[Update3 2017-09-22 13:30] Finally got logged in, after many untrusted page warnings. Message on screen:

Status: Enrollment processing

Please allow up to 48 hours to process your enrollment, at which time you will have the ability to lock or unlock your Equifax credit file.

I was, however, able to access my Equifax credit report. However, the "Print your report" link does not work. (I was able to use the browser's print function, though. Even though just a single page displays on the screen, the full report got printed.)

By the way, here are a couple more links (link1, link2) to articles suggesting how to deal with this breach. Both of them advise freezing your credit immediately, and provide some other useful thoughts.

Wednesday, September 13, 2017

From a single strand

About three weeks ago, I noticed a vine-like thing growing up along one of the support cables for the telephone pole in front of 79H. It looked like it had lost track -- it had stayed on the cable up to about six feet high, and then fallen off, dangling its last couple of feet straight down.

I wound that last bit around the cable. A couple of weeks later, I was pleasantly surprised. When it lasted a few days, I took a few snaps.

Click 'em to big 'em.

Wednesday, August 09, 2017

Family portrait


Right before a trip to the town's e-waste center.

Wednesday, July 26, 2017

And now here it is, your moment of cute

Little boy running around the store, brandishing a big rubber snake, shouting, "Rattle, rattle!"

Wednesday, December 21, 2016

Regifting. Or recycling. Or something.

Consecutive emails in today's Inbox:

Tuesday, August 09, 2016

#BlackVotesMatter. Or do they?

We're well into the 21st century. I cannot believe this shit is still happening.

On Friday, a headline on AL.com in Alabama blared: “Poll shows Clinton leading in Georgia: Is Alabama next?” It’s a question worth pondering in a state where 27 percent of the registered voters are black, according to a January Pew Research Center report. But it should be noted that Alabama is doing its very best to disenfranchise as many of those voters as possible.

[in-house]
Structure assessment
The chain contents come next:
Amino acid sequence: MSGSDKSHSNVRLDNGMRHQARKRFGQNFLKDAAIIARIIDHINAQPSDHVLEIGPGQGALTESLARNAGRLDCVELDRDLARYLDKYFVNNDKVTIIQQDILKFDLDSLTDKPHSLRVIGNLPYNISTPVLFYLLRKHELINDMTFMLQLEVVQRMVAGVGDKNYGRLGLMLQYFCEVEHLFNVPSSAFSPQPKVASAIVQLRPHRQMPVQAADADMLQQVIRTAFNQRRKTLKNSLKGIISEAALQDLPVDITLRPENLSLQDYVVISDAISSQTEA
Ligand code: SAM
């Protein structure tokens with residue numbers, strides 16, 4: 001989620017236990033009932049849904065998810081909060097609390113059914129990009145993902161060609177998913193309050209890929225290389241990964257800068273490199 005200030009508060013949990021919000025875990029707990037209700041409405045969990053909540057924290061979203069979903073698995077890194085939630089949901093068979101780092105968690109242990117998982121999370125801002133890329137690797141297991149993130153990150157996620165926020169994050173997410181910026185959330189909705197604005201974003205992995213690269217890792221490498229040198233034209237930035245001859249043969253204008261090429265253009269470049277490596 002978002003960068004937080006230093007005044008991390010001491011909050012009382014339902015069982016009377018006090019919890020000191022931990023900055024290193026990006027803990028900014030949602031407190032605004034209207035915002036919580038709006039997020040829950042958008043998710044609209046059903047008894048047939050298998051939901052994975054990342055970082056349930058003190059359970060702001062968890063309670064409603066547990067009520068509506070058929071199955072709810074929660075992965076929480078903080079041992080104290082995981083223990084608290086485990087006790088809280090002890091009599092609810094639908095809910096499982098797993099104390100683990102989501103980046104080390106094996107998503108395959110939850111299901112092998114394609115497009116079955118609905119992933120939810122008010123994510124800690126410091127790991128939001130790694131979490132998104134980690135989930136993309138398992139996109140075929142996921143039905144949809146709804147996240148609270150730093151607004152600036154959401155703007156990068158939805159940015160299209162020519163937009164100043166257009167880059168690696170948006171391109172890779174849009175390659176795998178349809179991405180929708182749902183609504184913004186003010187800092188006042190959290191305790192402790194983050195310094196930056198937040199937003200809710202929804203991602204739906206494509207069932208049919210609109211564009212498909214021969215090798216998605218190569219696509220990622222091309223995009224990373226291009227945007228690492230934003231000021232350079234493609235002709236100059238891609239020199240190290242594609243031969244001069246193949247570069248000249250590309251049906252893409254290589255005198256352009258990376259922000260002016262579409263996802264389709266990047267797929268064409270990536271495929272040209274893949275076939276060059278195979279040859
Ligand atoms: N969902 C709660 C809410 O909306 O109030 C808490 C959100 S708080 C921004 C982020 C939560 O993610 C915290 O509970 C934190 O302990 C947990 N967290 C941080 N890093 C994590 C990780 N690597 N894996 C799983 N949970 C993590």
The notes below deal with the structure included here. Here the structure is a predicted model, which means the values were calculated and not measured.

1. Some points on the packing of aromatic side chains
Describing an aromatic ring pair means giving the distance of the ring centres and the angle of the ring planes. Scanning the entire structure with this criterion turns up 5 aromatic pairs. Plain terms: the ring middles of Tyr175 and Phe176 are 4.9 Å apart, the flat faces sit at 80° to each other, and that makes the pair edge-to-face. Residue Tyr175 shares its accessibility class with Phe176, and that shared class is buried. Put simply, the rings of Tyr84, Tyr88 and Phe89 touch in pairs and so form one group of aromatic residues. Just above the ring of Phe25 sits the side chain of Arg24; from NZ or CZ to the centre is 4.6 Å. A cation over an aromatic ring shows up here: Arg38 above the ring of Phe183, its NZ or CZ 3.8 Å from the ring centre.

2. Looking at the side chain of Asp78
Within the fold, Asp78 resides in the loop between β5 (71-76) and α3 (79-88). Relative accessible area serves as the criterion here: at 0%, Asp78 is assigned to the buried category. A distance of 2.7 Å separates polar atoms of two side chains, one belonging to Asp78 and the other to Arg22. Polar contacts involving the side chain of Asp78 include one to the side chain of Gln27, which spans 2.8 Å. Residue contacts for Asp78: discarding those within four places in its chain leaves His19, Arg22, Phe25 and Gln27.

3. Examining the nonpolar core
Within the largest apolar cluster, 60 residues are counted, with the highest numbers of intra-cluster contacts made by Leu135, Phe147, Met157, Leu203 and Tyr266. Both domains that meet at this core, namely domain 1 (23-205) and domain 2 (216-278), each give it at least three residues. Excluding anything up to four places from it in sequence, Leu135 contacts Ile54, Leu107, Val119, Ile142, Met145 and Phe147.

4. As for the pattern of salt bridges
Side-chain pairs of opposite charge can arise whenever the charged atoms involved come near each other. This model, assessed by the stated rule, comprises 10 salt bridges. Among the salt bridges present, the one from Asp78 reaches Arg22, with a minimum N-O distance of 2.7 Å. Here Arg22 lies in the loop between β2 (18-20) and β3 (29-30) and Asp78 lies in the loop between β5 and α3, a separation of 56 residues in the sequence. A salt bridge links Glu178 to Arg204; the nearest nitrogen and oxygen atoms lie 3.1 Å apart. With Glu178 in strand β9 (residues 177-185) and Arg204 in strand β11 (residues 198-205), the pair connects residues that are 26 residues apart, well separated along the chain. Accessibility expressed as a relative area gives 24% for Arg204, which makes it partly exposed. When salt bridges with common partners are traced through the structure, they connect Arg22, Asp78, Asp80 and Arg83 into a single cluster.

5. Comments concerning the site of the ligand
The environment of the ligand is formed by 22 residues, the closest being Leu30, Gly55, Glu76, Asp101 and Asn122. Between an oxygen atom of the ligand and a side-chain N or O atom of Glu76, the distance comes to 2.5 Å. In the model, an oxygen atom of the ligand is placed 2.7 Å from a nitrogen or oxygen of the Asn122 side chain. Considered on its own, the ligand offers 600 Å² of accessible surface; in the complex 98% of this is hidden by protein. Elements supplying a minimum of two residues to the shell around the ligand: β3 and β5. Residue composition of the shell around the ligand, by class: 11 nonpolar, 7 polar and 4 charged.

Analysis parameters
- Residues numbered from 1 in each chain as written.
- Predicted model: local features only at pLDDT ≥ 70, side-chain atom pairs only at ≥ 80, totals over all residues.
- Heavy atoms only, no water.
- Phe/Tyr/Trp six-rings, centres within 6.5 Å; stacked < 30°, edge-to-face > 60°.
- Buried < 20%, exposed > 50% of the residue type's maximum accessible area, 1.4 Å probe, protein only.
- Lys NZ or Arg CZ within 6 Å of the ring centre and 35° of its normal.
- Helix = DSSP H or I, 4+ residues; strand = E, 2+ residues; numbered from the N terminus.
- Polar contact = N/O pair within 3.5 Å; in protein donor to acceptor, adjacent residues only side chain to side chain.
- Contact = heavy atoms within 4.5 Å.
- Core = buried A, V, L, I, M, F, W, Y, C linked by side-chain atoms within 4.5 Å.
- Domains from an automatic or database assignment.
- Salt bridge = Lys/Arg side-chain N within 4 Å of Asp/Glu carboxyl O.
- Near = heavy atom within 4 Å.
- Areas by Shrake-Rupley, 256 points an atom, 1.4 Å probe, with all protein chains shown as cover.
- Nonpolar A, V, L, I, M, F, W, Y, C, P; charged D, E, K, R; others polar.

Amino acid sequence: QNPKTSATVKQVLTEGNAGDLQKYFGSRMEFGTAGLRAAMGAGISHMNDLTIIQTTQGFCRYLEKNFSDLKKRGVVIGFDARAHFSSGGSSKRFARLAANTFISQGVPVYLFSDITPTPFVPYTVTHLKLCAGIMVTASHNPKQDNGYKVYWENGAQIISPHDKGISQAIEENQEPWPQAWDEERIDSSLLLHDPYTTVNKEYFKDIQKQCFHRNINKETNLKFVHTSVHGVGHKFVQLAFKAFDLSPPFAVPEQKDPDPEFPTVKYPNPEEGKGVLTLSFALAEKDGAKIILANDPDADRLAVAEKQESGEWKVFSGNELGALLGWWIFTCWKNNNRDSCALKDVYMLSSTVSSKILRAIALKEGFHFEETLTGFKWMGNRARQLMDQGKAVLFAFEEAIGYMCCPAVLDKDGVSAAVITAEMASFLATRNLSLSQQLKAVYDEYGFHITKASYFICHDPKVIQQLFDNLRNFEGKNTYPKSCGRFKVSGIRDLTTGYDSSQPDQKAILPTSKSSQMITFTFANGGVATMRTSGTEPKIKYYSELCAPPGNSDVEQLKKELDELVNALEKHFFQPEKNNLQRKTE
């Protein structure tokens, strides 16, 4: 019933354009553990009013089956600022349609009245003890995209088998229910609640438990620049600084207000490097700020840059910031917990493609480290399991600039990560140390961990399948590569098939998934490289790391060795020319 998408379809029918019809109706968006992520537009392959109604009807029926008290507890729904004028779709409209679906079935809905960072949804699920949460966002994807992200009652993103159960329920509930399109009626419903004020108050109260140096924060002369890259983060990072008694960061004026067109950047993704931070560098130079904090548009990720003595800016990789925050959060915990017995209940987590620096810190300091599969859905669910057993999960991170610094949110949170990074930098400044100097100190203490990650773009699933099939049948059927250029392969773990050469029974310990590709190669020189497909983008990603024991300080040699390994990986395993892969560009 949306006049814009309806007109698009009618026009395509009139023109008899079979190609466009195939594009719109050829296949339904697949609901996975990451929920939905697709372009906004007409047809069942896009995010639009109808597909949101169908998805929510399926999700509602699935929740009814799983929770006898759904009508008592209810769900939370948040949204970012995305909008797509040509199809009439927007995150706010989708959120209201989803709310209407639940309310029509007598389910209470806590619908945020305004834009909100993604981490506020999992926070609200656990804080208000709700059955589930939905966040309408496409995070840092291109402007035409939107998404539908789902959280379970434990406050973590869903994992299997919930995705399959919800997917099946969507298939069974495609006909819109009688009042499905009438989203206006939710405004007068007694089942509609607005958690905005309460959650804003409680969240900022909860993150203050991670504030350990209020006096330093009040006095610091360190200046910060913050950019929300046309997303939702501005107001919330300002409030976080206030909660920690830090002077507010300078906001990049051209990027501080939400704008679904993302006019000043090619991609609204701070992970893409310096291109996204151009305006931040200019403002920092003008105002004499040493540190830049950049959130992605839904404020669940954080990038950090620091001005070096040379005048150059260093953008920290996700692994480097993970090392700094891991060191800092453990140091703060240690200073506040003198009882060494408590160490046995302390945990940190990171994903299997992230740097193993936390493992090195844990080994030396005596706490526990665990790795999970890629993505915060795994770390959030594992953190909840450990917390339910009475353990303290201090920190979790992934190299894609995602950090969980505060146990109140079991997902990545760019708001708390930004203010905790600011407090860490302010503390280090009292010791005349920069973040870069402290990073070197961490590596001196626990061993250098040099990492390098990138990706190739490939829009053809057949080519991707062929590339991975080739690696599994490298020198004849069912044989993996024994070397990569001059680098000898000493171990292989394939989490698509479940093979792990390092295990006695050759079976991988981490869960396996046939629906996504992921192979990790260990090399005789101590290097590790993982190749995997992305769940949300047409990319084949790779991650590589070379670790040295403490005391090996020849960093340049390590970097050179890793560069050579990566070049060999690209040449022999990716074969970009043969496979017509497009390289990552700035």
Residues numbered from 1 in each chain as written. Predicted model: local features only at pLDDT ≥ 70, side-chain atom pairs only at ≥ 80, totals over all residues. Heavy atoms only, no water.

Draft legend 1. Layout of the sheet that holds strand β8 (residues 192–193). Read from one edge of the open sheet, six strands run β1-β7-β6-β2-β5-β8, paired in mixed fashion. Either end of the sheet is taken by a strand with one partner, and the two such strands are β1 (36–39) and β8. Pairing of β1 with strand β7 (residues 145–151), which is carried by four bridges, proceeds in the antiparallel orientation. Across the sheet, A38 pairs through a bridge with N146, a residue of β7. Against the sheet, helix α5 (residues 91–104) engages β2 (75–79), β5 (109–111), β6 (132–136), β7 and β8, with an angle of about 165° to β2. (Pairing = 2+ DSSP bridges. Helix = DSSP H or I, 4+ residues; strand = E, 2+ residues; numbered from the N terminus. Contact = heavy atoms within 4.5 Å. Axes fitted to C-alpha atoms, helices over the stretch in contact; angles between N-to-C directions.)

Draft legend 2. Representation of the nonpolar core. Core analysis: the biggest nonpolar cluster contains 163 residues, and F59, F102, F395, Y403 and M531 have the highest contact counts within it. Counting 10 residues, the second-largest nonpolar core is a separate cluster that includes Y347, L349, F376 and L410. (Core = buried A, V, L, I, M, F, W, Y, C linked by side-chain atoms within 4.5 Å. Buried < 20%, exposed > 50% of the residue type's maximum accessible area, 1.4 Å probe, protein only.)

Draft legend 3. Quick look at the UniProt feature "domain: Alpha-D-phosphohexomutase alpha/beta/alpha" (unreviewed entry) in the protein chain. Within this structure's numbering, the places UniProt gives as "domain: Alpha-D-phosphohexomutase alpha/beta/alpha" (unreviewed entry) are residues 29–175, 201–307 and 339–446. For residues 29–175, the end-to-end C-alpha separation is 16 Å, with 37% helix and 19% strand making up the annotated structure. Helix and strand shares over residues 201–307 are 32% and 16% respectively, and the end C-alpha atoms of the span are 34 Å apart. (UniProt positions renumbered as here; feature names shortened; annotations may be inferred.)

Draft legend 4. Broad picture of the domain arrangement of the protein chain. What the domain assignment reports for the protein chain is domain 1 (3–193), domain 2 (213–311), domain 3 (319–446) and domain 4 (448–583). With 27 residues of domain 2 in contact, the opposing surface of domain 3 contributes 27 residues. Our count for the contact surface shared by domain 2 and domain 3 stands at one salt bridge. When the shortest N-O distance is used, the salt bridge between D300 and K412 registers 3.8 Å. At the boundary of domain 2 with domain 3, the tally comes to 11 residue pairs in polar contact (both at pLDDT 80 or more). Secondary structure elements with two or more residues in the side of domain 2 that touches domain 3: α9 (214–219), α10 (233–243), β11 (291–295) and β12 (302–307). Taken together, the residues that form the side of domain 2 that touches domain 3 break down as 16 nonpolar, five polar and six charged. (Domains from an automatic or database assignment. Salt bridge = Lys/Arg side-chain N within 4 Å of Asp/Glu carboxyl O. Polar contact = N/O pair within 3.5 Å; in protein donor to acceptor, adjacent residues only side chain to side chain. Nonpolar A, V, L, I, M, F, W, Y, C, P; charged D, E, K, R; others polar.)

As John Archibald pointed out on AL.com in the fall: “Take a look at the 10 Alabama counties with the highest percentage of nonwhite registered voters.” He pointed out that the state “opted to close driver license bureaus in eight of them.” As he put it: “Closed. In a state in which driver licenses or special photo IDs are a requirement for voting.” Furthermore, “Every single county in which blacks make up more than 75 percent of registered voters will see their driver license office closed. Every one.”

Welcome to the South, folks. And thank you very much, Chief Justice John Roberts, for your opinion in the disastrous Shelby County vs. Holder case. How did you put it: In the South, “Things have changed dramatically.” Yeah, right.

Sunday, June 26, 2016

Your bot needs a dope slap, @nytimes

CONTEXT IS KING


For what seems like forever, the NY Times has had the annoying habit of hyperlinking various words in their (online) articles. These hyperlinks point to something like "topics.nytimes.com/[blah blah]." They evidently are added by some sort of automated process, the development of which appears to have been defunded sometime during the previous Clinton Administration. They are useful ... let's be generous and say ... one out of a hundred times.